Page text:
• Partnership;
  • Corporation;
  • Association;
  • Company;
  • Organization;
  • A construction manager;
  • General or prime contractor;
  • Join venture; and
  • An owner who has entered into a construction contract with more than one contractor or subcontractor on any construction site.

A Contractor’s Right to Transparency

As a way of increasing transparency, a contractor has the right to request the subcontractor’s payroll records. Within 15 days of a contractor’s request, the subcontractor and any other subcontractors hired under contract must provide the contractor with payroll records. These payroll records must contain all lawfully required information for all workers providing labor on the project. The payroll records must also contain sufficient information to put the contractor or subcontractor on notice of such payment of wages, and fringe benefit contributions to a third party on the workers’ behalf.

A subcontractor may only mark or redact these payroll records to prevent the disclosure of an employee’s Social Security number.

A contractor may also request from any subcontractor performing work within the scope of the contract the following additional information:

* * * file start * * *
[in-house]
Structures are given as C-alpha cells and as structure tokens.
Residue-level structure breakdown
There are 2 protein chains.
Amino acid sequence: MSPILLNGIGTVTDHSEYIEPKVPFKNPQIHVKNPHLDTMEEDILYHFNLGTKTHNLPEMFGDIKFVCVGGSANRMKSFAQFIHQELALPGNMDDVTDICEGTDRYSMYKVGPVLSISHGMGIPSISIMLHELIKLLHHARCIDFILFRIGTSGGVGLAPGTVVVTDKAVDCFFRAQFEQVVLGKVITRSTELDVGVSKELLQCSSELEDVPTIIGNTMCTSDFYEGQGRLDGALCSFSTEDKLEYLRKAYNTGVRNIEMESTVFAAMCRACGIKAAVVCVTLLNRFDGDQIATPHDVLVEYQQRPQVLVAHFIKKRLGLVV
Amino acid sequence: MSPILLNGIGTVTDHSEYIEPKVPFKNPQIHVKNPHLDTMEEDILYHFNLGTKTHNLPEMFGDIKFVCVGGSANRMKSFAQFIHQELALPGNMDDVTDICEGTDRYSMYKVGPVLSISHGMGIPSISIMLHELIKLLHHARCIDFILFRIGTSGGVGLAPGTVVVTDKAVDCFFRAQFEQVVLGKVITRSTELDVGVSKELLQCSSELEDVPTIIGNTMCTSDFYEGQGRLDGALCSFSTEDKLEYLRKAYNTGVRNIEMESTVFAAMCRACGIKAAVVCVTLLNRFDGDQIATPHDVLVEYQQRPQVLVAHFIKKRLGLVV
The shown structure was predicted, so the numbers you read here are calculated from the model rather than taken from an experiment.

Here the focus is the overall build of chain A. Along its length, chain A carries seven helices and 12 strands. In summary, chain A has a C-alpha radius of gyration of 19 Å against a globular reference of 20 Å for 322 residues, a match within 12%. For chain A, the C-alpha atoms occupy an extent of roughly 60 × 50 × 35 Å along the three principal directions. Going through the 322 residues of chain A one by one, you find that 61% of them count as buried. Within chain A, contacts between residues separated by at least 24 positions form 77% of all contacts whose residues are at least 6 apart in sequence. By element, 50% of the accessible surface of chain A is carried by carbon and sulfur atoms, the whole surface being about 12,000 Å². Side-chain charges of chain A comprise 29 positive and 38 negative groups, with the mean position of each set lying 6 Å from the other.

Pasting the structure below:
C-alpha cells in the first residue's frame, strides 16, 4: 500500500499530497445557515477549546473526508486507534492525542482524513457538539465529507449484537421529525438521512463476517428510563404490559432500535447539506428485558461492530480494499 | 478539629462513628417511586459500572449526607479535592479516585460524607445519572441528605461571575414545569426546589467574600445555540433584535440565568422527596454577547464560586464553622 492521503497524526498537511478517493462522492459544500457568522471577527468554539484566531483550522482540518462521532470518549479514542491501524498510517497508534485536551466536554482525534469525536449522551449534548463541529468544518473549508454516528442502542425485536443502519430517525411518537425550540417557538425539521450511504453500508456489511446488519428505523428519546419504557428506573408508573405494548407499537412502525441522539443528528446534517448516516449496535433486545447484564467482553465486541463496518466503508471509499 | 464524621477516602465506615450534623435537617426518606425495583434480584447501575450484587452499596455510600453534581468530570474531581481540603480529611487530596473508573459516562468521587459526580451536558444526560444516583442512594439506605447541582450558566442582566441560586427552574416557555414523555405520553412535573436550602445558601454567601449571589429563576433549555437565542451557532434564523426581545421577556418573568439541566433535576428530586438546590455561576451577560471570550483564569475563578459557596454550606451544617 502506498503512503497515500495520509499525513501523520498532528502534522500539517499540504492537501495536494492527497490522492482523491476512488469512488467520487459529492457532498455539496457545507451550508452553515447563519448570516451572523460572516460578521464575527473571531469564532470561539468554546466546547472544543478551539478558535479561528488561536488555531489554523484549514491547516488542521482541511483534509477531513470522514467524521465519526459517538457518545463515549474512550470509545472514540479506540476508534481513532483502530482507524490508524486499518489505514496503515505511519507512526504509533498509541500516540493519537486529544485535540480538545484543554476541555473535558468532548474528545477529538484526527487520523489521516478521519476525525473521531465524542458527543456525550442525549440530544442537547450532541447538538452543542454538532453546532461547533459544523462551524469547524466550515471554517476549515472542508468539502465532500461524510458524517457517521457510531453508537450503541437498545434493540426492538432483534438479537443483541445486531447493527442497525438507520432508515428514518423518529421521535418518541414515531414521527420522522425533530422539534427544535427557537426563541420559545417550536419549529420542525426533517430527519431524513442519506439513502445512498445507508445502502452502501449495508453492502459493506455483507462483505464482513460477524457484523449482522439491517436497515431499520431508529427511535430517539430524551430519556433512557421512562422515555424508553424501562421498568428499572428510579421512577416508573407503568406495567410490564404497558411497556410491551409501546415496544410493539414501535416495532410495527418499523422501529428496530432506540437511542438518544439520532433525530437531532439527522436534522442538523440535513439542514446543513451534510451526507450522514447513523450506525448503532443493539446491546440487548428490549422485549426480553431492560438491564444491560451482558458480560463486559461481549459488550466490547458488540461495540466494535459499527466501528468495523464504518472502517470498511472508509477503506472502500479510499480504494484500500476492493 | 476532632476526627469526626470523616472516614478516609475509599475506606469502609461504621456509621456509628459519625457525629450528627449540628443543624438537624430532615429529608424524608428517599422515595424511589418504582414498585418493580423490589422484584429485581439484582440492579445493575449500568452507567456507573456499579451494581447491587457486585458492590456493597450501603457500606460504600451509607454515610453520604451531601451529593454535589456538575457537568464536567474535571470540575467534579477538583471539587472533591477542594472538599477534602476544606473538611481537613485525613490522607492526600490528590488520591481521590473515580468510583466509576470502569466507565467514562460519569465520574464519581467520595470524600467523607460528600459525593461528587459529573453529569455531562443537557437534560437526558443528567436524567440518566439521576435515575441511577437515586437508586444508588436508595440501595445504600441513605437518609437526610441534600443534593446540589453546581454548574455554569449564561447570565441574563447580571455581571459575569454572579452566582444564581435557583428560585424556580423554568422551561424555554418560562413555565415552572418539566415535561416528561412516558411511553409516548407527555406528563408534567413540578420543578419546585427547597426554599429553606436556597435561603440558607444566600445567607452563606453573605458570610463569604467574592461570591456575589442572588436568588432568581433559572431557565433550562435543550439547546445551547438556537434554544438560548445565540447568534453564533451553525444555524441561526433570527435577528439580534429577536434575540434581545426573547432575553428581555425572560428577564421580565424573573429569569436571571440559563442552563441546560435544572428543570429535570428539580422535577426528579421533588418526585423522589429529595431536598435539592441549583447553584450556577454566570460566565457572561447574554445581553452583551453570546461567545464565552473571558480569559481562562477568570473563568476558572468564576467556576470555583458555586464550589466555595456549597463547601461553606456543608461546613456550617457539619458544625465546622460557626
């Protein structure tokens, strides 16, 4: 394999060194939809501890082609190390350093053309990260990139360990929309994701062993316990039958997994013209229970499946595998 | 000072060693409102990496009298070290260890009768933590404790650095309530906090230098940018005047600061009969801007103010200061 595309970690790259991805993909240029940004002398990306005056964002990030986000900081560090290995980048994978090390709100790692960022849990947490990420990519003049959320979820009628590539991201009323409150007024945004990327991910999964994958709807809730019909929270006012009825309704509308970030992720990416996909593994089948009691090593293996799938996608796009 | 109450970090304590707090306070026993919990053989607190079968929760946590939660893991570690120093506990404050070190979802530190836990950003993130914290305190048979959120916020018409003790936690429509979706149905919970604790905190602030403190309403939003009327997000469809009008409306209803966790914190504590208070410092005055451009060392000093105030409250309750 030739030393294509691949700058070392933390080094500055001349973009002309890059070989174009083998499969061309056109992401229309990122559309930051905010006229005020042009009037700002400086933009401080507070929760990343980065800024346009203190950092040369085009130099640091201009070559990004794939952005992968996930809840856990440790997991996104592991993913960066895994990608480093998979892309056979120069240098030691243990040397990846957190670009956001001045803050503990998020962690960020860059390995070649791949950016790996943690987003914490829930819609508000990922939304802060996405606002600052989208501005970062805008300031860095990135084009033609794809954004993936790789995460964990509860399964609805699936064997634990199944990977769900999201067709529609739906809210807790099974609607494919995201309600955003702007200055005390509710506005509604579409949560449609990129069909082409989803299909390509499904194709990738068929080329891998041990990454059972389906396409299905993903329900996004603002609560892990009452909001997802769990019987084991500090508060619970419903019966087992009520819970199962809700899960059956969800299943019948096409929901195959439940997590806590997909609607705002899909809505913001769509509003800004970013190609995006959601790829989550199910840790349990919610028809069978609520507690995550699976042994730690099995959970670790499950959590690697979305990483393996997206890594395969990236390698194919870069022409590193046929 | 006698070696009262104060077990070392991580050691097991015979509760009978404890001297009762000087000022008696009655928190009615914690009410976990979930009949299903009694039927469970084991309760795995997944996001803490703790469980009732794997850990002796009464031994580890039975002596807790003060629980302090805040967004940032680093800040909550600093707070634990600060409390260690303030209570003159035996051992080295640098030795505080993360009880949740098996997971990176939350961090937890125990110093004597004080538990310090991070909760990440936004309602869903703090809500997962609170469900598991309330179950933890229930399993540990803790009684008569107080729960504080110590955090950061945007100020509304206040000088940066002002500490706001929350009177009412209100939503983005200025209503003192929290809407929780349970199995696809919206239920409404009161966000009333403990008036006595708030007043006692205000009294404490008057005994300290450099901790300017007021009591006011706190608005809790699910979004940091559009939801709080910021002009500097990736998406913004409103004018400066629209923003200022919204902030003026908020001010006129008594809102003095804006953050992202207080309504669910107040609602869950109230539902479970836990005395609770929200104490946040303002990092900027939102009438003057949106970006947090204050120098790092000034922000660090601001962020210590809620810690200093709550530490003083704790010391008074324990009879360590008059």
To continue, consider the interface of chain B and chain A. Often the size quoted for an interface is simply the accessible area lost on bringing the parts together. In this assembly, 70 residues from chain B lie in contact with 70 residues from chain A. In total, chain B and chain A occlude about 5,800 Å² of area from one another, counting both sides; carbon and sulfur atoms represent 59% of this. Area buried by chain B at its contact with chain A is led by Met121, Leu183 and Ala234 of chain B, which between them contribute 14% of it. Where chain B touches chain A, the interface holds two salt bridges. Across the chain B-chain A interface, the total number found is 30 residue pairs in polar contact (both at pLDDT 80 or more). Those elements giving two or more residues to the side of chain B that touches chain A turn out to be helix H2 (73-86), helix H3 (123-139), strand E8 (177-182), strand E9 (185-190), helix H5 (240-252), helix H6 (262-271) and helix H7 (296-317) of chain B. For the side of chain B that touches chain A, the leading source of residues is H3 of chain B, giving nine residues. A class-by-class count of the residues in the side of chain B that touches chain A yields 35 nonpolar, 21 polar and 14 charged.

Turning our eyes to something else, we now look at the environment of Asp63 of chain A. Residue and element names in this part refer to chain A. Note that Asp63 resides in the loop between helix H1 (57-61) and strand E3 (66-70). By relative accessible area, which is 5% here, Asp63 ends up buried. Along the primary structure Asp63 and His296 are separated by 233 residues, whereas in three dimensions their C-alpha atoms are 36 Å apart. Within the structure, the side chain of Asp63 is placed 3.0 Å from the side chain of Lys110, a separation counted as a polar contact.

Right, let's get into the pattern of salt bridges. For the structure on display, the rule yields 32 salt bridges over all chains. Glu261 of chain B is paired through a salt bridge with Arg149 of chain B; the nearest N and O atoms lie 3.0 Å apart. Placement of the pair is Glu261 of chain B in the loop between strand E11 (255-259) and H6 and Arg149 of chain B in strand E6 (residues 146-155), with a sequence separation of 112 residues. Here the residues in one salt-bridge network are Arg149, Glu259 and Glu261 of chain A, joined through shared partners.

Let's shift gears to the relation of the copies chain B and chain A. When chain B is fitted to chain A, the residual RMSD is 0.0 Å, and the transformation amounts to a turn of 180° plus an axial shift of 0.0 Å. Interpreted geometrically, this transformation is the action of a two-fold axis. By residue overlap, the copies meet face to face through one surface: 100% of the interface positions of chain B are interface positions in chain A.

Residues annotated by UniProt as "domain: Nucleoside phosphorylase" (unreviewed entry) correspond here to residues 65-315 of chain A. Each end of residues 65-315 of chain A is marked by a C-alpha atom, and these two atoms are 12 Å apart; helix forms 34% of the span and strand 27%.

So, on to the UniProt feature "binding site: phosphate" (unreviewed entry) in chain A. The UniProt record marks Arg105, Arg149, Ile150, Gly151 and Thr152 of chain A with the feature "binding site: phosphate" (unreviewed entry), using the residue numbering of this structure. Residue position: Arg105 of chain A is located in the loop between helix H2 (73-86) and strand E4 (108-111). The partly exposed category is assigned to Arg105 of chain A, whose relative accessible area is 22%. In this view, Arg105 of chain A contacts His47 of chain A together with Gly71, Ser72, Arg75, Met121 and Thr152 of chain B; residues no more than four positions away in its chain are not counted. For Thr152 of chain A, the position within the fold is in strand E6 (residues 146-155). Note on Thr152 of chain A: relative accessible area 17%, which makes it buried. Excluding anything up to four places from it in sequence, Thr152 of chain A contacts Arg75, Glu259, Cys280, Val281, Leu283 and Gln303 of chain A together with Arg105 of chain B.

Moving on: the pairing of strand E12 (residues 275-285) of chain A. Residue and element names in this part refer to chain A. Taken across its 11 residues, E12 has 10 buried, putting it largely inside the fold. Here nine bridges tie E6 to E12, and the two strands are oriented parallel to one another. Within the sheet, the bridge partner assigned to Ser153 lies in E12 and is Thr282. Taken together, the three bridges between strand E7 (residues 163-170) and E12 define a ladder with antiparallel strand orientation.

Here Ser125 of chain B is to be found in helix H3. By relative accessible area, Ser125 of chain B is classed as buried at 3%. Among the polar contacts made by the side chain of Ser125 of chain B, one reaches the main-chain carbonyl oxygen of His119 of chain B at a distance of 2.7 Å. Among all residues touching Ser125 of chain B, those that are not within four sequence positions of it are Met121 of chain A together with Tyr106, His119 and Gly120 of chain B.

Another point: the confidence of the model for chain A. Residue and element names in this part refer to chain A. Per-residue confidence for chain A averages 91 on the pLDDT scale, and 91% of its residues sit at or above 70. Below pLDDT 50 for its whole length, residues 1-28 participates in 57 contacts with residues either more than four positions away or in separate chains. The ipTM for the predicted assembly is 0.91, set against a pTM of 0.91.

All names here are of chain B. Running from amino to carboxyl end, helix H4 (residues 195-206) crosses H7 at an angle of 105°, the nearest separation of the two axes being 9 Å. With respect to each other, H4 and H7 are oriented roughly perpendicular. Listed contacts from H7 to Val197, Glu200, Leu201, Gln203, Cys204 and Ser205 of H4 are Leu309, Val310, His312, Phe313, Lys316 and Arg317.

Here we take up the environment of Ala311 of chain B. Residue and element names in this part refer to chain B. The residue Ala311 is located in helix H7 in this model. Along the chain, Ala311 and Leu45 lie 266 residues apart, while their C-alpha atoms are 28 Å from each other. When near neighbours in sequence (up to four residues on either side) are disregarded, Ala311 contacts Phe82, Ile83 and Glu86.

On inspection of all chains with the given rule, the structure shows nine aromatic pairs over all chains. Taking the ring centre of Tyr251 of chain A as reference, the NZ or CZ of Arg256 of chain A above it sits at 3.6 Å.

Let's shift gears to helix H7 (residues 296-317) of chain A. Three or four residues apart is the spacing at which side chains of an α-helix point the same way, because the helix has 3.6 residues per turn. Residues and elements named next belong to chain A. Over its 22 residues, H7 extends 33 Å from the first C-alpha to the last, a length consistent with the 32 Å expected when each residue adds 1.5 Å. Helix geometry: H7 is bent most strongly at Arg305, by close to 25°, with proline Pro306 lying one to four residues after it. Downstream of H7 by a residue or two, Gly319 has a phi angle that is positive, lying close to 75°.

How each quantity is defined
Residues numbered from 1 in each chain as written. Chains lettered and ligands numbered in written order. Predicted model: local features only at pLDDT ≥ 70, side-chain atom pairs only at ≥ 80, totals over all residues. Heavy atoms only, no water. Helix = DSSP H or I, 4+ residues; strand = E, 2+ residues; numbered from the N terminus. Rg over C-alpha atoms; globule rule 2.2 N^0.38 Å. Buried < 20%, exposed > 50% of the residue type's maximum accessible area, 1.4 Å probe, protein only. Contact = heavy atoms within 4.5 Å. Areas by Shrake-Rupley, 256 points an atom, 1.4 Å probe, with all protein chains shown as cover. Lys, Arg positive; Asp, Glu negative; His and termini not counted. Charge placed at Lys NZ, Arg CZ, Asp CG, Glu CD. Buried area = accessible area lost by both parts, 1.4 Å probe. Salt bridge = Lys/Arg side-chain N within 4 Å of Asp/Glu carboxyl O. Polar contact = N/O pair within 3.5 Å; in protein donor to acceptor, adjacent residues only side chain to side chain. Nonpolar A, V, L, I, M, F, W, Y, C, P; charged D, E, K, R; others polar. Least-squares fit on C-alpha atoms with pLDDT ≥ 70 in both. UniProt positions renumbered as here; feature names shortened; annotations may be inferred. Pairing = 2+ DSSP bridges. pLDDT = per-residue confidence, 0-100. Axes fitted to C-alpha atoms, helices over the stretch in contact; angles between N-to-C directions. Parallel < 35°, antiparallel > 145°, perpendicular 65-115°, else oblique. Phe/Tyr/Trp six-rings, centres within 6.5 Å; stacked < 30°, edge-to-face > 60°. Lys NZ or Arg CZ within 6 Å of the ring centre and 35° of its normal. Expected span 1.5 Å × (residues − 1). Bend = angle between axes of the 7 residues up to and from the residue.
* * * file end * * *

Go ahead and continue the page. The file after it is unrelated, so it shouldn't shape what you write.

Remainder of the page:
• The names of all employees and independent contractors of the subcontractor on the project, including the names of all those designated as independent contractors and, when applicable, the name of the contractor’s subcontractor with whom the subcontractor is under contract;
  • The anticipated contract start date;
  • The scheduled duration of work;
  • When applicable, local unions with which such subcontractor is a signatory contractor; and
  • The name and telephone number of a contact for the subcontractor.


Despite the passing of a strict 2019 wage theft law, the authors of this new law believed that wage theft in the construction industry remained an issue, affecting approximately 23 percent of construction workers. Starting August 1, 2023, contractors must be cognizant of the pay practices of their subcontractors, should use their right to request and monitor their subcontractors’ pay records, and be careful about who they do business with on projects. Otherwise, Minnesota contractors could find themselves footing the bill for paying their sub’s employees.

  • Bryan J. Morben

    Bryan advises clients of all sizes on employment and business issues ranging from their day-to-day concerns to their most pressing employee issues. He is an experienced and skilled litigator who has successfully defended:

    Stay Informed Flag
    Jump to Page

    Necessary Cookies

    Necessary cookies enable core functionality such as security, network management, and accessibility. You may disable these by changing your browser settings, but this may affect how the website functions.

    Analytical Cookies

    Analytical cookies help us improve our website by collecting and reporting information on its usage. We access and process information from these cookies at an aggregate level.